• Philip Stratton

Lesson 005: There's No Such Thing As Willpower

Updated: Sep 21, 2020

People talk about willpower as if it is some supernatural power. A force that requires Jedi-like mastery that can be used to alter the fabric of space-time in order to prevent cookies from entering your mouth. But there isn't a supernatural power or magic involved, nor is there willpower. There simply are your choices. And your choices result from what you believe to be true regarding who you are and the consequences that will likely result.


In a post on the Becoming Minimalist blog, guest writer Lama Farran outlined the 8 characteristics of people who are successful at getting out of debt.

  1. They are goal-oriented and have a clear focus.

  2. They take steps to change auto-pilot spending habits.

  3. They work hard to identify the difference between needs and wants.

  4. They don’t “Keep up with the Joneses.”

  5. They communicate openly, honestly, and regularly about finances with their partner.

  6. They are patient and disciplined.

  7. They find ways to have fun while paying off their debts.

  8. They are not afraid to ask for help.

Do you see these characteristics in yourself? If not, why not? The answer isn't due to a lack of willpower, it's a lack of proper motivation.


Let's say Steve's objective is to reduce his expenses by $100 per month in order to invest that money for retirement in 35 years. A recurring expenditure is his daily coffee purchase on his way to work. Average cost is $5 per day and he works on average 20 days per month. A common response of someone like Steve might be, "Sure, I could save the $5 per day, but I just don't have the willpower to pass by the coffeeshop each day without stopping for my favorite grande, bone dry, five-shot ristretto, extra-whip, two-raw-sugars cappuccino. Plus, I have plenty of time to start saving for retirement. I'll start later and just increase the amount."


On the other hand, if that $100 per month were needed to pay for critical medication that Steve or his child needed, he would not only stop buying the daily cappuccino, he would tell himself a story about the coffeeshop that would make him feel good about bypassing that awful establishment everyday.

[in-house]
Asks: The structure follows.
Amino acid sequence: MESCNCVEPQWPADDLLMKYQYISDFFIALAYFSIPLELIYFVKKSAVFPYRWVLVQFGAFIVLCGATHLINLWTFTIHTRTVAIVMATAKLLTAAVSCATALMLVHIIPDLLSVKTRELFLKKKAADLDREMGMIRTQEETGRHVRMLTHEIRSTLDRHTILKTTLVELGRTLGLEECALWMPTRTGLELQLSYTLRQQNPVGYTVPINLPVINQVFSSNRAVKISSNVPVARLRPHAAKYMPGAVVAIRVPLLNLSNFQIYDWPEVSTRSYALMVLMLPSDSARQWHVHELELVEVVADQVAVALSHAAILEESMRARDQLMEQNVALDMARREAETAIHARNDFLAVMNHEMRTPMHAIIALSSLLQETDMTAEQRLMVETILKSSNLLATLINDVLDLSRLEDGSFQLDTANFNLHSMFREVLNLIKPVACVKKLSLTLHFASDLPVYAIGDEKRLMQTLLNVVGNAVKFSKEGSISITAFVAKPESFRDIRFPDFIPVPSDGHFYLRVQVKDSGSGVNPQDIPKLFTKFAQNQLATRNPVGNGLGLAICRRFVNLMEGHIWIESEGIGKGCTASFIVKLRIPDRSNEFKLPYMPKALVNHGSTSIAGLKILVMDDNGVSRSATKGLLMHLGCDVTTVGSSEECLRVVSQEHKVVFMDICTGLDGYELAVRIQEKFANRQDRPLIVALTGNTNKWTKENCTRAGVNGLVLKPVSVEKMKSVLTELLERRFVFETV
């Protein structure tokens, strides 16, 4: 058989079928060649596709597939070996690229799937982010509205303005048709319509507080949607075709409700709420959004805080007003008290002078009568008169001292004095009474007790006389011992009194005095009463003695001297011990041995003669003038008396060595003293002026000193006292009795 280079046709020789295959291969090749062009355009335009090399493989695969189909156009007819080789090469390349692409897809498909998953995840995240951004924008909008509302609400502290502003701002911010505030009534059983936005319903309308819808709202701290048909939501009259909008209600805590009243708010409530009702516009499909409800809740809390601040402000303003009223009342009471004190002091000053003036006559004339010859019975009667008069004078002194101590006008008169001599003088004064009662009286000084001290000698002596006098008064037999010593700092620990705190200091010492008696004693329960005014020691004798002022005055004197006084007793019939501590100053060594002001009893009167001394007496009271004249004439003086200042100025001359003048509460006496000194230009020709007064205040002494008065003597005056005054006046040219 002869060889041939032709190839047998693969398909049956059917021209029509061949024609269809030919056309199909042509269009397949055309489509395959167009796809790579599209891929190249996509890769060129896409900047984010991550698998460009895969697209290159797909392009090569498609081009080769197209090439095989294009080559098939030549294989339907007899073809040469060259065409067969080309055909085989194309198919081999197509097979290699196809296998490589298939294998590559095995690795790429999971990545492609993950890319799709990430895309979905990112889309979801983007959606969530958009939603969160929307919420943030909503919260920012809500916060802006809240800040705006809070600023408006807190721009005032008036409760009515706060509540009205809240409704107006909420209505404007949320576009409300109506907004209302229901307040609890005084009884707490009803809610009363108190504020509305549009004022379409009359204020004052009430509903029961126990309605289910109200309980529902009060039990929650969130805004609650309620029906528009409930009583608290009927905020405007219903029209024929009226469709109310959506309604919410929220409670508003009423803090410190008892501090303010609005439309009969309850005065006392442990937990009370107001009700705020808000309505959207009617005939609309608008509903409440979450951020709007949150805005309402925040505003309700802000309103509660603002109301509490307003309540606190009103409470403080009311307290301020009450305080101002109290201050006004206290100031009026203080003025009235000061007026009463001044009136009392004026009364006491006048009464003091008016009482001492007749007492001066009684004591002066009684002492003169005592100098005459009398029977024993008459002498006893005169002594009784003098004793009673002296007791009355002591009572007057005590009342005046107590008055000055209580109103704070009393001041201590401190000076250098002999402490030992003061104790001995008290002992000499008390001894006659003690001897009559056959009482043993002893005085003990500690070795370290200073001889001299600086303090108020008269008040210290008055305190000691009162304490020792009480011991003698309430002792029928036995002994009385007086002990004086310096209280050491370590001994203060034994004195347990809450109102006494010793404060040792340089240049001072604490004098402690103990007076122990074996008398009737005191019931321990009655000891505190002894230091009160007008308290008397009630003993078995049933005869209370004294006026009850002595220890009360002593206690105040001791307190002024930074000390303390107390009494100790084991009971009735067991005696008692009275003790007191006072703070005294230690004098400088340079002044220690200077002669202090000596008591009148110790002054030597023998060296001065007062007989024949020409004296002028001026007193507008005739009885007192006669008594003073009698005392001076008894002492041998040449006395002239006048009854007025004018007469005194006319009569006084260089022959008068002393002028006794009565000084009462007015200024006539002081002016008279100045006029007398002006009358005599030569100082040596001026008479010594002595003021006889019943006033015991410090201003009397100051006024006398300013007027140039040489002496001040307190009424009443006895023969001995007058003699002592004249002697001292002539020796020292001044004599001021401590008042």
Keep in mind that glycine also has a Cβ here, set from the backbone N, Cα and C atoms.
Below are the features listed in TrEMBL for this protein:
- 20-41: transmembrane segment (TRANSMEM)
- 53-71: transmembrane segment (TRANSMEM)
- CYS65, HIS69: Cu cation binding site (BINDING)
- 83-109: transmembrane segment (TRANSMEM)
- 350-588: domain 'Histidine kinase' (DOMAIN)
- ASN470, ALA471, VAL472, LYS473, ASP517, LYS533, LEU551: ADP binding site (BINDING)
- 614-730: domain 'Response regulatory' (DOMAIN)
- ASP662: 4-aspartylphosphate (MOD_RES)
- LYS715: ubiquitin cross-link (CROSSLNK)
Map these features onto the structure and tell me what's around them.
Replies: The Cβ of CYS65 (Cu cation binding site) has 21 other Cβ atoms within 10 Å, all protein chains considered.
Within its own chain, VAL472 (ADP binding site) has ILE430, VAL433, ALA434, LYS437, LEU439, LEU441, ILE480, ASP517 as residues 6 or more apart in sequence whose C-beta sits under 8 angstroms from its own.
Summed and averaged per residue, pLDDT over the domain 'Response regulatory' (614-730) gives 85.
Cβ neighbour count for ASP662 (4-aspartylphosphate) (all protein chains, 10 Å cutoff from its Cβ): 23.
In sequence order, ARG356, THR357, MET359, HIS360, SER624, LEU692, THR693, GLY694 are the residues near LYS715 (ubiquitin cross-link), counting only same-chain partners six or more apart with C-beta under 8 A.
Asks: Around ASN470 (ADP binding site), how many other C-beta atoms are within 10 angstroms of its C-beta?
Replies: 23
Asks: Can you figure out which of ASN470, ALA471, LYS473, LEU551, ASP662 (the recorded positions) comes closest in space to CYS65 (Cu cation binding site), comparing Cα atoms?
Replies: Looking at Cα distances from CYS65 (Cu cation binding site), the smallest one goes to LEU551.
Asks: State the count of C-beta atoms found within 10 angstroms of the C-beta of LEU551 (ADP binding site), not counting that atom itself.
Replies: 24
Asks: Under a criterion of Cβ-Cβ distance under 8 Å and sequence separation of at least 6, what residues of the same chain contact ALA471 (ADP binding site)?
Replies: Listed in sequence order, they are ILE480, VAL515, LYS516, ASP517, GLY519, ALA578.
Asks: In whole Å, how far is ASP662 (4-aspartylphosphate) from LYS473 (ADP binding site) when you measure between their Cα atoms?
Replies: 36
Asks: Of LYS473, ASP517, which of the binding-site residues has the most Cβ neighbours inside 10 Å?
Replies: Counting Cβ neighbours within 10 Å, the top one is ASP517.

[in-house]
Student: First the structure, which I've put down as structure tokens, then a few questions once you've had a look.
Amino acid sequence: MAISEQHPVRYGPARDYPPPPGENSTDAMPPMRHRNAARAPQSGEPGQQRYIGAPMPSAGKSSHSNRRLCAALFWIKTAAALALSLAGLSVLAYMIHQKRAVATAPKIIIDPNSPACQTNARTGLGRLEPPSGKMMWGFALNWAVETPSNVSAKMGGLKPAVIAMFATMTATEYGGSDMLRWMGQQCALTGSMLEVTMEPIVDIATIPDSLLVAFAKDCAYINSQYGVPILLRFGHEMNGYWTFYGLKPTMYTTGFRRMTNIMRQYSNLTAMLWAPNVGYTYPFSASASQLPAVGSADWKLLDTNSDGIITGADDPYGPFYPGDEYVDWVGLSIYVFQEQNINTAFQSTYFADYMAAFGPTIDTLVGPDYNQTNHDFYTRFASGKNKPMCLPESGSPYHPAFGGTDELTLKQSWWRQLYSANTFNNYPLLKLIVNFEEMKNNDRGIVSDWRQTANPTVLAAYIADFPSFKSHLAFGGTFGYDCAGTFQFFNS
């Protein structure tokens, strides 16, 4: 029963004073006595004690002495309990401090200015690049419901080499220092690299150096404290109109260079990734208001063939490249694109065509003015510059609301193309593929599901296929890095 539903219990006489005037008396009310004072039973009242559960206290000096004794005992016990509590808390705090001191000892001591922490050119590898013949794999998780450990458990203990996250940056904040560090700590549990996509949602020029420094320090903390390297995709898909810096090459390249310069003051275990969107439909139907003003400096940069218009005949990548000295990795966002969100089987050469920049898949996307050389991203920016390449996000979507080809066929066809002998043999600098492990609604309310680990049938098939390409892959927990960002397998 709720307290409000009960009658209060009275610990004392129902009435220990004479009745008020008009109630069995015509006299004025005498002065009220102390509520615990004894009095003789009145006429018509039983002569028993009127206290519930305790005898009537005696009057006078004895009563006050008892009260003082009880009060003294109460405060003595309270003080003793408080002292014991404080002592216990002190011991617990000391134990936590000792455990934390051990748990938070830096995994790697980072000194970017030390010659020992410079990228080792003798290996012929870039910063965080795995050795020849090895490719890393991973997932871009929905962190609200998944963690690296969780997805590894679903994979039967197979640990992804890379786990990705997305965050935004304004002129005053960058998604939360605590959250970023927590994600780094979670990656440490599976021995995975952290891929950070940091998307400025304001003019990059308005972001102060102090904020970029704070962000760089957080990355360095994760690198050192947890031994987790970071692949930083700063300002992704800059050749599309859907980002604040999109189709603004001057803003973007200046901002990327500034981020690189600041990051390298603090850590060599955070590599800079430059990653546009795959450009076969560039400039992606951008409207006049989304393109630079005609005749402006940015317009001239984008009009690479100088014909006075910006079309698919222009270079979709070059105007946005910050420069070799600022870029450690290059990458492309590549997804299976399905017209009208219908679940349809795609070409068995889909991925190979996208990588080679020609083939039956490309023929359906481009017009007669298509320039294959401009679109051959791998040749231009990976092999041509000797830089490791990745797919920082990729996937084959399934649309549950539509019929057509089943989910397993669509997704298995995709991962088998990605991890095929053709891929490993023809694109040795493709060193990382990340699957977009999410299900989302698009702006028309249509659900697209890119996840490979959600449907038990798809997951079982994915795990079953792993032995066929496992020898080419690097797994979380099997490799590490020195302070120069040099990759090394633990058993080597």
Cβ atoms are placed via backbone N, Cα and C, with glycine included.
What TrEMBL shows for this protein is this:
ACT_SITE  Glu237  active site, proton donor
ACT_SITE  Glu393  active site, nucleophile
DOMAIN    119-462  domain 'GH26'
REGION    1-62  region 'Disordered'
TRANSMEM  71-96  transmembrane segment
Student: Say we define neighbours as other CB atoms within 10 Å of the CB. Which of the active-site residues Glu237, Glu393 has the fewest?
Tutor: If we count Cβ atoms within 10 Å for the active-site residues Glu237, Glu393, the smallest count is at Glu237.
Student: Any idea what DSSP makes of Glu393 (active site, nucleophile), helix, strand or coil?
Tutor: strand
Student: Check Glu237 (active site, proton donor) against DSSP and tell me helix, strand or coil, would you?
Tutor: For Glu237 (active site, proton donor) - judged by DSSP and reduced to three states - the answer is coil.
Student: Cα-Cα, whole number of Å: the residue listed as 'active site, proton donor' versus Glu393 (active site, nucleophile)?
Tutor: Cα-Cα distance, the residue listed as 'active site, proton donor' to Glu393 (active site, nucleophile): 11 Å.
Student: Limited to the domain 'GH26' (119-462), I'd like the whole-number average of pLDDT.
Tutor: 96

Nothing changed except the reason for wanting to reduce monthly expenses by $100. In other words, the why of the story changed. In his massively popular TED Talk, Simon Sinek explains the importance of understanding the why behind our decisions before we consider the what and how aspects. It is the why that truly provides the motivation behind our actions. Once we understand our why, the right choices become much clearer as we face the many decisions we make each day.


Understanding our why helps us define, or redefine, who we are. We are able to correlate our behaviors with our values. Furthermore, we are able to identify behaviors and habits that we are no longer willing to engage in because they are inconsistent with our self-identity. This is very important because behavior changes tend to be temporary when they seem unnatural. Seth Godin said it very well in his book Purple Cow, "Who you are trumps what you do".


Define your why. Write a short description of who you are. You might include things like what you value in your life (family, friends, freedom), what would you like to have in the future (security, a special purchase, millions of dollars), or what you would like to do (retire, travel, leave a family legacy). Then, start viewing your world through that lens. You won't need to rely on some mysterious willpower force when faced with a tough choice, you'll know why you're making the right choice.

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